Avoid these 5 mistakes while replacing engine oil
Replacing the engine oil in your car yourself can be cheaper and more convenient than getting it done at a repair shop. However, a DIY oil change requires considerable caution to prevent missing key steps. But if you have some experience with car maintenance, replacing the engine oil can be a simple procedure, not taking longer than 30 minutes. Nevertheless, make sure that you steer clear of the following mistakes when replacing the engine oil:
Not setting up the work area
Changing the engine oil of your car is an essential service, and you have to prepare before you get down to work. You have to be ready with the tools—ramp, jack stand, wrench, and oil drain pan—and other equipment. Looking for a tool you need in the middle of changing the oil is not an ideal situation. So, before you start, read through your car’s manual and learn about the oil type, capacity, and frequency of replacing oil and get the required tools for the job.
Not warming up the engine
Old oil can flow from the engine easily when it is warm enough. Cold oil can stick to the surface and take a while to drain, leaving behind a residue. So, you should start the engine and let it warm up for a couple of minutes before draining the oil.
Using the wrong oil
This is a common mistake when replacing engine oil, which can be avoided with a little bit of research and caution. To start with, you need to check your car manual’s maintenance section, which specifies the type and viscosity of oil that is compatible with your car. Further, take into account the weather before buying the oil. For example, if it is warm in your region, you will need an oil with thick viscosity. Also, you need to choose between regular and synthetic engine oil; a new engine can work with either a conventional or synthetic variant, but an old engine might not be flexible enough to accommodate anything it isn’t used to holding.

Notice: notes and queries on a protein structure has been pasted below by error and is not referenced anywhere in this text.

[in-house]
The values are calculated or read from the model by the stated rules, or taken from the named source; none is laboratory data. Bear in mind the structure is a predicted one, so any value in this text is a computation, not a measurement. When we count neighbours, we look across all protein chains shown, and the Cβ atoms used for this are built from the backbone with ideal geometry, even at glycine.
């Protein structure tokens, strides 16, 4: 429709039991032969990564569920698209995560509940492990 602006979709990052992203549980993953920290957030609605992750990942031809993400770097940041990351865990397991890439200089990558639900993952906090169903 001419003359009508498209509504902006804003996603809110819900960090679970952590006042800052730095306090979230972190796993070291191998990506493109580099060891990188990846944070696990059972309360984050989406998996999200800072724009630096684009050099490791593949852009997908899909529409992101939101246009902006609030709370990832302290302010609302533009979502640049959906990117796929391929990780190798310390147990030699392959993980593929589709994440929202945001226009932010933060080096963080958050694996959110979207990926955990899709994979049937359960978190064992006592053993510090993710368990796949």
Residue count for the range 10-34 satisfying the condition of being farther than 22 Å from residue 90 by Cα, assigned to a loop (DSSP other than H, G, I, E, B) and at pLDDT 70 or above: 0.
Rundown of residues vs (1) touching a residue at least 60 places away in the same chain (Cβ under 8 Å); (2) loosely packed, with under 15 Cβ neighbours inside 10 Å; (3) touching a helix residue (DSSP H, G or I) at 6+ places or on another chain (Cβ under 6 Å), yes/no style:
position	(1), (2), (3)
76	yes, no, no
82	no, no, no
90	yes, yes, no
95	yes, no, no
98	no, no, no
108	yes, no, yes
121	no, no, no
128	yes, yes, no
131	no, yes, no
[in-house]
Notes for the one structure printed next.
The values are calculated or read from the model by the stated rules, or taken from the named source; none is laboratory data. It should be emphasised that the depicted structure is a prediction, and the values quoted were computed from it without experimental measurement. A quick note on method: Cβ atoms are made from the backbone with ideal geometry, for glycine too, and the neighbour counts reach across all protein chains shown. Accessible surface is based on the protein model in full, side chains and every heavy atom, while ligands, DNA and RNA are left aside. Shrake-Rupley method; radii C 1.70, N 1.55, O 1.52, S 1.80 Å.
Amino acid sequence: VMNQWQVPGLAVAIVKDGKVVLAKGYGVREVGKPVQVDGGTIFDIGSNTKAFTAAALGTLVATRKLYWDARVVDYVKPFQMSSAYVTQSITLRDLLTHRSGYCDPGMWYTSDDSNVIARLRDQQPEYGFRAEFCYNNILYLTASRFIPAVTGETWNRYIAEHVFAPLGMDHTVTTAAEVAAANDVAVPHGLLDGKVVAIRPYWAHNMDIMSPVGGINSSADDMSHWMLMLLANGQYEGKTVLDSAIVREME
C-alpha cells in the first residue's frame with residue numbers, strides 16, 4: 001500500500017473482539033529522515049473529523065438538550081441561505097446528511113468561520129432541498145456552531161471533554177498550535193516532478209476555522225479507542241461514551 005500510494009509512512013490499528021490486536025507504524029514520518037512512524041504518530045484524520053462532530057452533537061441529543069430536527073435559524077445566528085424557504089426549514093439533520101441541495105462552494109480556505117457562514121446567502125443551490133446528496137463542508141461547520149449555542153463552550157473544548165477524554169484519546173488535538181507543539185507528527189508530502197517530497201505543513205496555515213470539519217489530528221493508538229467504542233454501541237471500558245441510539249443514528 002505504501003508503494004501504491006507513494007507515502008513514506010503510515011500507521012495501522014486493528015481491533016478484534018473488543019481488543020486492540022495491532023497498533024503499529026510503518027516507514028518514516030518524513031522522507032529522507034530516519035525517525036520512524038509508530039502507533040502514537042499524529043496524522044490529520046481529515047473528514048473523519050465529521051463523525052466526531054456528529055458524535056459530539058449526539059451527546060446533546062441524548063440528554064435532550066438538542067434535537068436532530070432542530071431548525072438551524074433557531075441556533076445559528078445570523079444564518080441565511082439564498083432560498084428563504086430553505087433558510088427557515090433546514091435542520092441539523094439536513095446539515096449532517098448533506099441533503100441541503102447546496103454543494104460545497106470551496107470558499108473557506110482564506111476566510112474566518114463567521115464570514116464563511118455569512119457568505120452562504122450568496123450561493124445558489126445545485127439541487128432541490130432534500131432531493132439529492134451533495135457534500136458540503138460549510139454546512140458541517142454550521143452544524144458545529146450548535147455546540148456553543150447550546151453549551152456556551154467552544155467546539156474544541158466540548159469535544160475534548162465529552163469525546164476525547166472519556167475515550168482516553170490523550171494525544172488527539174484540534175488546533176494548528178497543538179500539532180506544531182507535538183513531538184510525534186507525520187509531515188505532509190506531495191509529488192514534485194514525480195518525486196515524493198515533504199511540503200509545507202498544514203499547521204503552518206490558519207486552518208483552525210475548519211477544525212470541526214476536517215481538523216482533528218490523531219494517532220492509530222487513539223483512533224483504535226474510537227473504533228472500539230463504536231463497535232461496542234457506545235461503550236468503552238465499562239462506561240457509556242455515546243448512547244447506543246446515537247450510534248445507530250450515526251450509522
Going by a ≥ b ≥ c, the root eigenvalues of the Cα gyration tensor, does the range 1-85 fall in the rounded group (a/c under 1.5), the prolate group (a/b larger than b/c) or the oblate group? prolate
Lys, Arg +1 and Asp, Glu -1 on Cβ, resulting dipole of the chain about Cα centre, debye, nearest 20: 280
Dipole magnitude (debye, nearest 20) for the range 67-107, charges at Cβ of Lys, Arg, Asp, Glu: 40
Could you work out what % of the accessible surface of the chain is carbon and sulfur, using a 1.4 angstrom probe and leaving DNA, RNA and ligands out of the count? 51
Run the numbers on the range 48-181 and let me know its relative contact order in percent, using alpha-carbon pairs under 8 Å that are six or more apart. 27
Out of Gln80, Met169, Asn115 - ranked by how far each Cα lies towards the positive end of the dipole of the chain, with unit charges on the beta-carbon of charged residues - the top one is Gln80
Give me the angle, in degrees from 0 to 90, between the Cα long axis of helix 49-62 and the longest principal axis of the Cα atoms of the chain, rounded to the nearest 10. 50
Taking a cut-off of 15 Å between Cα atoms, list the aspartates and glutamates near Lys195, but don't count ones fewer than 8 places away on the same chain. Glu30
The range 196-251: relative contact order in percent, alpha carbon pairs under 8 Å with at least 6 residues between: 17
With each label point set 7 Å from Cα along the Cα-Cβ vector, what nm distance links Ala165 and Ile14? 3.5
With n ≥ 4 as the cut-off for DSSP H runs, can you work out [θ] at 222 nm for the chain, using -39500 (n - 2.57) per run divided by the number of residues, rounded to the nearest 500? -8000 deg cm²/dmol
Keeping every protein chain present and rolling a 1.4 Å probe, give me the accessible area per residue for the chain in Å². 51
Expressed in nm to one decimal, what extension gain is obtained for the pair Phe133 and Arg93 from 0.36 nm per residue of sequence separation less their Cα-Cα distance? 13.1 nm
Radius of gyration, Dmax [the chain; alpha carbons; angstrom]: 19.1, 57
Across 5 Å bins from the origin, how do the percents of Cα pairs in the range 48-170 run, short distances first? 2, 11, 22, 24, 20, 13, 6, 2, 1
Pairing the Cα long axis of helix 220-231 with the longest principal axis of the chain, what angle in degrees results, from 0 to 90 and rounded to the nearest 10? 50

Not pouring enough oil
The manufacturer’s manual will tell you the precise level of oil required. Anything less than the specified level can cause damage, which can be expensive to repair. Always pour the right quantity of oil after you have drained the older fluid and replaced the oil filter. If you are unsure about the right quantity, insert a wiped dipstick in the engine compartment. When you pull back, the oil must reach full marking on the tip of the dipstick.
Not tightening the drain plug
One of the most common mistakes when replacing engine oil is not tightening the drain plug enough. Alternatively, you may over-tighten it, causing damage to the car’s oil pan. To ensure you are tightening the drain plug enough, use a paper towel or rag cloth to remove residual oil from the plug. Then, see if you need to replace the washer behind the plug. Finally, install the drain plug following the manufacturer’s torque spec.
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